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Monday, February 17, 2014

Parenting in the Mundane (Daddy's Version)

The two of us enjoying a rare moment without the kids.

Valentines' Day has again come and gone. How did Sue and I spend the day? Well, we had a short window of time for ourselves in the late afternoon as the boys were at my mum's. So we headed to Holland Village to get some banking done, before getting a quick bite at a fastfood restaurant and buying a new iron and DVD player. We then spent dinner with my mum before heading home to send the boys to bed. The most "romantic" part of the day was then spent watching a historical Korean drama with our newly-installed DVD player, enjoyed with a glass of soothing iced ocha.

Indeed, as I posted in my Facebook update, there are more important celebrations to observe, such as our birthdays and of course our wedding anniversary. I then mused whether the mundane nature of the evening was a sign of being "old"; or perhaps it was just because we are comfortable just the way we are.

I recall the time when Valentines' Day was a difficult period for me - that especially when I was a single person and everyone around seemed to be enjoying a romantic time with their significant other. A single friend recently shared with me that he had been emotionally besieged by the numerous stalls selling flowers and other cute items all around his university. His story brought me back to my own difficult journey as a single. I was of course reminded of a particularly momentous Valentines' Day when I first asked a special girl to share a simple meal of fish and chips at the nearby coffee shop. The girl "happened" to be around the area and I was thrilled when she agreed to have dinner with me. That girl was of course none other than the love of my life, my dearest wife Sue. I still remember the nervousness with which I approached her, as well as the lovely journey we shared as I walked her home.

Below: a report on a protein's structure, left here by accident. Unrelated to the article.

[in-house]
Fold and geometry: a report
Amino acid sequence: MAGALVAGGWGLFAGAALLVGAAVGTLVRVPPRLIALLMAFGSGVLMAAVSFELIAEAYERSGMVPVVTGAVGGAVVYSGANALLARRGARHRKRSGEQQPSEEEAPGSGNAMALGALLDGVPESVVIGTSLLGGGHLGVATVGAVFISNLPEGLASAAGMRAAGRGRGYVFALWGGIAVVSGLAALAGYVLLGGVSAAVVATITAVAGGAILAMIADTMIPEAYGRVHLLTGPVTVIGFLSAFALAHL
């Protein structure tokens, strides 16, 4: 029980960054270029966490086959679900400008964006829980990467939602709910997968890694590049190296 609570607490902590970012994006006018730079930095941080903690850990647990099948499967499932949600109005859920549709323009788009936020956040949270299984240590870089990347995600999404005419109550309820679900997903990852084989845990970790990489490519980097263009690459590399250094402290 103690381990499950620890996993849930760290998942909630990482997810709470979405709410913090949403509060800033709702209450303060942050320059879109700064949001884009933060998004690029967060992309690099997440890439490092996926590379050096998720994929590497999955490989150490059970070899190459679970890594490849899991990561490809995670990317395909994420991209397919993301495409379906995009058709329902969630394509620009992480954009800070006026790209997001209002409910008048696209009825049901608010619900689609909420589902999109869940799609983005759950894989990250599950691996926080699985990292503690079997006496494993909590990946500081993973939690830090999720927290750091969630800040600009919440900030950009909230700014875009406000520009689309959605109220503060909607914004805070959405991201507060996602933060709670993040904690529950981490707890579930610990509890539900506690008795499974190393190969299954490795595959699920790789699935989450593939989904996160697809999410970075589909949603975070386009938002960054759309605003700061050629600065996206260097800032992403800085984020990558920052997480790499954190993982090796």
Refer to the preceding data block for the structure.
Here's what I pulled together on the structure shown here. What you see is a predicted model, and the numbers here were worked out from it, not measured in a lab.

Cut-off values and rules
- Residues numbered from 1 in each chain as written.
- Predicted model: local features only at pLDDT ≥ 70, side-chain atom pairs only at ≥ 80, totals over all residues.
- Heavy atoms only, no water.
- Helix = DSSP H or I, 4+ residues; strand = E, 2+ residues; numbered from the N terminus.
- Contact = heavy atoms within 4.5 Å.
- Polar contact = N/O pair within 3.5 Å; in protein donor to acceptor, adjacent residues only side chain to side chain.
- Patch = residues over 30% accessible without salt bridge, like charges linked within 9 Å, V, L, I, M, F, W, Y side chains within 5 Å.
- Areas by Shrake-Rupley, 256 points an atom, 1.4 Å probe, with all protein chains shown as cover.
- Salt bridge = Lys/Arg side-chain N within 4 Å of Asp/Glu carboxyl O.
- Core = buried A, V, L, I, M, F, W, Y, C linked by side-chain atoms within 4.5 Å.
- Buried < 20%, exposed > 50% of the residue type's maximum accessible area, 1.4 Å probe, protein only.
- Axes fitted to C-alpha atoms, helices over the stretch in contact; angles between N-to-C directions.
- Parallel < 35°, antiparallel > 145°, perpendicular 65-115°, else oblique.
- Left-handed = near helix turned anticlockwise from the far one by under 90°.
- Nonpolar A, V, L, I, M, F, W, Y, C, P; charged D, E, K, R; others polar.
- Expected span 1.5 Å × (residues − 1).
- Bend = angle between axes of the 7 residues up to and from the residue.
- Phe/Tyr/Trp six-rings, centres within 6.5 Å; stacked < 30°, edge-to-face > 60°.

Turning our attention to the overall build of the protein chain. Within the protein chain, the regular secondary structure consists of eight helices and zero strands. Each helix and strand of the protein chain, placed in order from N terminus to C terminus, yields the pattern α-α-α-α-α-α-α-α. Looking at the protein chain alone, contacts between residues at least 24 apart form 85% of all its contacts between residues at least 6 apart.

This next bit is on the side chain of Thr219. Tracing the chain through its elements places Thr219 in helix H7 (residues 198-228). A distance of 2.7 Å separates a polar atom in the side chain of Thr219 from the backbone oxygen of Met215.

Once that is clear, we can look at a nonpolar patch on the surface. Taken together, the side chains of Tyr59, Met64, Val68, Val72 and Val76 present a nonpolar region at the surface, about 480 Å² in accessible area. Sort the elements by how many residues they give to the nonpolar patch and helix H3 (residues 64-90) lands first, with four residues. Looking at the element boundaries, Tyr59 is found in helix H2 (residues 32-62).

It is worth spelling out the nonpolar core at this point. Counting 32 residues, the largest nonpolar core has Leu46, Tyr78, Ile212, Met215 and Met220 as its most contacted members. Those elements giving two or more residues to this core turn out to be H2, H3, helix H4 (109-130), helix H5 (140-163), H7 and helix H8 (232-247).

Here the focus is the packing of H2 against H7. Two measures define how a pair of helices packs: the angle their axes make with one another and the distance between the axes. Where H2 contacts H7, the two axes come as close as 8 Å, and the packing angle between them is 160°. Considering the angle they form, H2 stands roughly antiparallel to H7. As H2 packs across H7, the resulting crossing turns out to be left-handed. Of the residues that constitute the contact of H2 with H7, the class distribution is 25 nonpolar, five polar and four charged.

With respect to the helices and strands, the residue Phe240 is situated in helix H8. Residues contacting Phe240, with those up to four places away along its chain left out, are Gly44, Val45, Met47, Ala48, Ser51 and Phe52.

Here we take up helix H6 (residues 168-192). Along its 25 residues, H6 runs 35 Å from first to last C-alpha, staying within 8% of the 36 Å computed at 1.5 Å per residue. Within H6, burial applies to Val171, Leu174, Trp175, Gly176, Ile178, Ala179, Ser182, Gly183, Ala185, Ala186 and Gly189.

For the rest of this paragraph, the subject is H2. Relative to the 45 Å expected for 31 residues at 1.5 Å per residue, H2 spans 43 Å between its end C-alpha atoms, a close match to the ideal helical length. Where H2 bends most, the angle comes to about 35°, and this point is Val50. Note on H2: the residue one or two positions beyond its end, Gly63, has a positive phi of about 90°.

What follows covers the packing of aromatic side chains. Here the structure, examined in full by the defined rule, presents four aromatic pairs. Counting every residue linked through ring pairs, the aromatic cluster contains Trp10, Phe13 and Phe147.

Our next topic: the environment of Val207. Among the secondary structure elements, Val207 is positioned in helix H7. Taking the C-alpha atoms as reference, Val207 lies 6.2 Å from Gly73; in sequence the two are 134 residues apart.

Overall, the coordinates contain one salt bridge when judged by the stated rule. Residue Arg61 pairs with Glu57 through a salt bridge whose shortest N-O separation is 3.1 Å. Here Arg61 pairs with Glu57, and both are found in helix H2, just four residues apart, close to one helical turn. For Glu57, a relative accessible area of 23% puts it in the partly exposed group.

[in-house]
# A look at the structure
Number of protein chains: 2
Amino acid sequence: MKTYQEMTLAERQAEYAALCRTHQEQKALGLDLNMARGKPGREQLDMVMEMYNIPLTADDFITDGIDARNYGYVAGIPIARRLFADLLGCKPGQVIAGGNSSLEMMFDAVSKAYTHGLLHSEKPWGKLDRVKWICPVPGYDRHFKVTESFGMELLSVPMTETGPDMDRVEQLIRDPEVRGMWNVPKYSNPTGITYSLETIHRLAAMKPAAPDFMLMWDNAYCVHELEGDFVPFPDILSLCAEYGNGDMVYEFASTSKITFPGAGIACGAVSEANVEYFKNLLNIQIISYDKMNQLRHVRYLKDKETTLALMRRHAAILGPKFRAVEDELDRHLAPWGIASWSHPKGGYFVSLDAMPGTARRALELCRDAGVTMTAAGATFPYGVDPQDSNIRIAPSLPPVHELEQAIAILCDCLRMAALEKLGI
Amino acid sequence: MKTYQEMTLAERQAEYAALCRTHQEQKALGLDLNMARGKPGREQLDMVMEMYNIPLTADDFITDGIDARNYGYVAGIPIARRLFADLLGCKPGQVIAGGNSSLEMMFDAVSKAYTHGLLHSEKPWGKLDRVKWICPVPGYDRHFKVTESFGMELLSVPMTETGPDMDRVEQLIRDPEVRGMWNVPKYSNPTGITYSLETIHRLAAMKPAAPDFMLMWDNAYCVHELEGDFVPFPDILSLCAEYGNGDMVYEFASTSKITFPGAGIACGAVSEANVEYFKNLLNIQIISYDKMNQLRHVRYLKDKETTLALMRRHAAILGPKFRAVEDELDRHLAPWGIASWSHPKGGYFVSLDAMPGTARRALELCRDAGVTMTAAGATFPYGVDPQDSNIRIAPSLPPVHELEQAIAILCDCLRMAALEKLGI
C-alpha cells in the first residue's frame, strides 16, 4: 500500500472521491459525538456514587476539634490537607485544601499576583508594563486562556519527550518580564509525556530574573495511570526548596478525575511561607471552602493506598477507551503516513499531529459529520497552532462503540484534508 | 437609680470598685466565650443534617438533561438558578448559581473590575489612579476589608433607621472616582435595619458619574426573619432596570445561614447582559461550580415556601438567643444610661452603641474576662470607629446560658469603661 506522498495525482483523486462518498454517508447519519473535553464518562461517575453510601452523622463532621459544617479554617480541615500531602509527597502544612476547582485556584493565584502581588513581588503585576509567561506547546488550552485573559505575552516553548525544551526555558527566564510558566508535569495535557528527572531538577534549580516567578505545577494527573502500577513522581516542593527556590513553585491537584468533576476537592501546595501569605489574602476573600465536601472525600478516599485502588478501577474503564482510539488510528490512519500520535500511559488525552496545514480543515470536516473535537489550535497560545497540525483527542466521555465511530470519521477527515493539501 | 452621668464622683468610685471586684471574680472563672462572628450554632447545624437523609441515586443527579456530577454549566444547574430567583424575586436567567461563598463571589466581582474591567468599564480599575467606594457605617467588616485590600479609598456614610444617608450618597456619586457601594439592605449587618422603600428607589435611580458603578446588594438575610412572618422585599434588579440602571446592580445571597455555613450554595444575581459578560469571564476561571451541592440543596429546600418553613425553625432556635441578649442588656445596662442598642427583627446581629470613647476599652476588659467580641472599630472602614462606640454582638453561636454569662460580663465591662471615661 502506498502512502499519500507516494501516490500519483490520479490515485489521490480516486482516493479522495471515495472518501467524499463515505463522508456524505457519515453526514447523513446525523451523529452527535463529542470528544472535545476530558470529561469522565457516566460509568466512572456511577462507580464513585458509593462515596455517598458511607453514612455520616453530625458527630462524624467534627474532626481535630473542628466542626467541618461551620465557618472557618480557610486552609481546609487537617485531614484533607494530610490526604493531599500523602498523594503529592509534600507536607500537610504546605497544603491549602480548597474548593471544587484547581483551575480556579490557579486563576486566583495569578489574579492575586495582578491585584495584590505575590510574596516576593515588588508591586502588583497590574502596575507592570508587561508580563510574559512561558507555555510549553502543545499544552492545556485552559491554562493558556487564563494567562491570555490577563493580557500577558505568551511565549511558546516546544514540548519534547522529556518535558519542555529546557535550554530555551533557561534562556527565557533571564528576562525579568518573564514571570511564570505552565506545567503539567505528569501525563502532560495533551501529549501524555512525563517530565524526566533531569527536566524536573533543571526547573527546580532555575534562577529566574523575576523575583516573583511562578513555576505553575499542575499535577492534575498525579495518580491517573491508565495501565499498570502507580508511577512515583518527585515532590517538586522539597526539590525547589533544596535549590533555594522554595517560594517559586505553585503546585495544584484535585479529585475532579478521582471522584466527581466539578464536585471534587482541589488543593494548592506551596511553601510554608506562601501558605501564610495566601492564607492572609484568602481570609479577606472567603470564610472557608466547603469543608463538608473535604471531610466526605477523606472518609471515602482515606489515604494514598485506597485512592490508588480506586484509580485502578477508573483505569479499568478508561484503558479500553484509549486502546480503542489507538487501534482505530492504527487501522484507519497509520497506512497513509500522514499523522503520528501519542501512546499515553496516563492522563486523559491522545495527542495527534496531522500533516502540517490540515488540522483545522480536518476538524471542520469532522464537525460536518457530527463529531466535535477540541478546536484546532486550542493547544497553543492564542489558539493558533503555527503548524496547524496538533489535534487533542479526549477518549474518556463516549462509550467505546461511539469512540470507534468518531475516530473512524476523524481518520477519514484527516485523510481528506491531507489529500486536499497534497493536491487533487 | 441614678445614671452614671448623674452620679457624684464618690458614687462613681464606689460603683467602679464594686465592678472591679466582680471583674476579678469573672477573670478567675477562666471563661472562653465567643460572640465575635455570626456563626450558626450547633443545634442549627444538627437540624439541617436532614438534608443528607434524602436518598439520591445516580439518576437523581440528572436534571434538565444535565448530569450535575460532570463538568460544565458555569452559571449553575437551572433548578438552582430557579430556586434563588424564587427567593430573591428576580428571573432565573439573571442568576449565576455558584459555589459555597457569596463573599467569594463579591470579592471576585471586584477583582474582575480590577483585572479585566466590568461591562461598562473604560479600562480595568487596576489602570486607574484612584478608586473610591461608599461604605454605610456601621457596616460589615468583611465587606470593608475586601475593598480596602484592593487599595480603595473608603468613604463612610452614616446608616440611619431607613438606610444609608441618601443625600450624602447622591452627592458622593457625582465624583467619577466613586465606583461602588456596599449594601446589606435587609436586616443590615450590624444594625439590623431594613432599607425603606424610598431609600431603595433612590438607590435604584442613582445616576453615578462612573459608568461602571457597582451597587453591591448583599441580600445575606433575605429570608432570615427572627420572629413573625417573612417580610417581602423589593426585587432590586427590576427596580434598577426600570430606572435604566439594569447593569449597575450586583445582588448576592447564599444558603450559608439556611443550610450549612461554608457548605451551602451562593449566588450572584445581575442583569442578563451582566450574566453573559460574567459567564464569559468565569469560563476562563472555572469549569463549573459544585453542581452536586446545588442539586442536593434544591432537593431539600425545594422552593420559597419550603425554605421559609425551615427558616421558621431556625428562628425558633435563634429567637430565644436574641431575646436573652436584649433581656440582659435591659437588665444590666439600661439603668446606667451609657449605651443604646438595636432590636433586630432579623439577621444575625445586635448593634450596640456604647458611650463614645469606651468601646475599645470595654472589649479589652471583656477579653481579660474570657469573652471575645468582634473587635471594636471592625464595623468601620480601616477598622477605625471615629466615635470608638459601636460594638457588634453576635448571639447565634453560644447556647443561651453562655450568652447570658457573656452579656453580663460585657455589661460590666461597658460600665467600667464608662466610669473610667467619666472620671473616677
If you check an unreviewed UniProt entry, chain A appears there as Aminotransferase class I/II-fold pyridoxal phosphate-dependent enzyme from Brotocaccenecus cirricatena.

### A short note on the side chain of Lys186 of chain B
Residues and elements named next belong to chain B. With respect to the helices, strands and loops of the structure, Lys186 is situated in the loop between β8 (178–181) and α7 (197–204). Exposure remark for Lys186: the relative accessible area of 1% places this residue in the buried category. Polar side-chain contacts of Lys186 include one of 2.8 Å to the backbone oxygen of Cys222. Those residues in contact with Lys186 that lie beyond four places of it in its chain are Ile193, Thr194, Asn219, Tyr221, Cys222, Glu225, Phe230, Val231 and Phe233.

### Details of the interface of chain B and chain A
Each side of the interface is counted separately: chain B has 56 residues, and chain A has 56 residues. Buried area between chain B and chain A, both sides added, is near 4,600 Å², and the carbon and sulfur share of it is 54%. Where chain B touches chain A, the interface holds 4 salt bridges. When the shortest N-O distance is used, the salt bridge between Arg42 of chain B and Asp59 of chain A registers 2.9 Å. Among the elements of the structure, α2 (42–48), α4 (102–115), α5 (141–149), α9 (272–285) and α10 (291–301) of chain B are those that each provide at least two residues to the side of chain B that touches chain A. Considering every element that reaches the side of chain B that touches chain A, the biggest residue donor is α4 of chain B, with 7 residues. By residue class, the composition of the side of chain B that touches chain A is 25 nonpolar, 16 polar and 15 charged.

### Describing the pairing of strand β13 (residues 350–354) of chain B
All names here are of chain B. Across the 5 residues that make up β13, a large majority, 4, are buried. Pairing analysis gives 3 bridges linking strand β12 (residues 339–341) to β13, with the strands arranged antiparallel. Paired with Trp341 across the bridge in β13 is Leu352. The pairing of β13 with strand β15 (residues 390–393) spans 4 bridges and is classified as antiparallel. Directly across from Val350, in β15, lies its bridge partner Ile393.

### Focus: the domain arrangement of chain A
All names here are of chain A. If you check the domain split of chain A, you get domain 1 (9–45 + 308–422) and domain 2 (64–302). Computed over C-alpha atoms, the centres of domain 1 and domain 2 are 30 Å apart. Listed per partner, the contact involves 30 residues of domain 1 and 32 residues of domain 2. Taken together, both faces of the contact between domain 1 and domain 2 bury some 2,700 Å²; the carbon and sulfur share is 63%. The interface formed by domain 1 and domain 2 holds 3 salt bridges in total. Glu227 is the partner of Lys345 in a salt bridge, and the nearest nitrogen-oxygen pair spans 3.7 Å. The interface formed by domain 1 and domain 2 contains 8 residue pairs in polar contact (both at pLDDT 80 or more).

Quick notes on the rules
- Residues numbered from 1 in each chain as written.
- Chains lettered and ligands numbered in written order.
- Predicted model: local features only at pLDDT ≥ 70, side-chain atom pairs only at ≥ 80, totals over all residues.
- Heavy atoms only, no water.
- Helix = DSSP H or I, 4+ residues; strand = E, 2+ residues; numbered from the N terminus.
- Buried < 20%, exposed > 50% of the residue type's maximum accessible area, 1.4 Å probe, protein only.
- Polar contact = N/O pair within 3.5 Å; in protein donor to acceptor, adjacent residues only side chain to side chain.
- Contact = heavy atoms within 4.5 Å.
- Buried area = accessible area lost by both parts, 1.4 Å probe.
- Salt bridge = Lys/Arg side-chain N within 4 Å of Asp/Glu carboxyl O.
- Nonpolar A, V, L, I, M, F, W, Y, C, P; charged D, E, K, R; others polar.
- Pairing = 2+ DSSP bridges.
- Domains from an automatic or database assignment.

Many Valentines' Days later, both of us met after my work, and we both declared that we were too tired to think about celebrating the day. The last couple of weeks have been very trying for us. It has been a period during which everything seemed to be going wrong. At work I have been very tired in getting used to the fast pace of life following the opening of a new school year. At home, the kids have been taking turns to fall sick; the 3-year-old has been refusing to follow instructions in homeschool; the 1-year-old has been asserting himself and throwing more tantrums than ever before. And in the midst of it all, the housework continues to pile up. Life seemed to be spiralling out of control.

In the midst of it all, I happened to read an article entitled Love in the Mundane. The author, Nathan McCloskey, shared a key aspect of what he had been learning:

"I’m learning to celebrate our marriage in the mundane. I’m learning to just lean in, and take it as it comes, and show my wife in the routine that she is still my priority."

Taking the boys to the park, one of their favourite activities.

Nathan sums up what Sue and I have been talking about over the last couple of weeks, even as our little worlds seemed to be on a collision course. During our Marriage Preparation Course we had learnt that we should prioritise our spouses over our children; otherwise both our love tanks would be empty, and we would then not have the capacity to continue functioning effectively. It was with this in mind that I made the decision a few days ago, that no matter how tired I am, that I should try my best to help Sue as she takes care of the kids and does the housework. I resolved to love her in the small things; so that she would feel loved in a big way. Extending this principle to my children, I resolved to love my kids in the smallest way possible - such as by spending more time doing the things they enjoy - in order for them to feel love in the biggest possible manner. 


My boys love roughhousing and all forms of
physical interaction; something this Daddy is
still learning to engage them in.

I will always remember the lessons I learnt from the 17th Century cook Brother Lawrence. In the book The Practice of the Presence of God, it was written that Brother Lawrence found joy in all circumstances, even in the most mundane of tasks such as cleaning the pots and pans in the kitchen.

“We ought not to be weary of doing little things for the love of God, who regards not the greatness of the work, but the love with which it is performed.” 

For the true measure of a parent's love is in the little things done for the child; in the day-to-day mundane moments of life.

The Mummy's version of Parenting in the Mundane can be found here.

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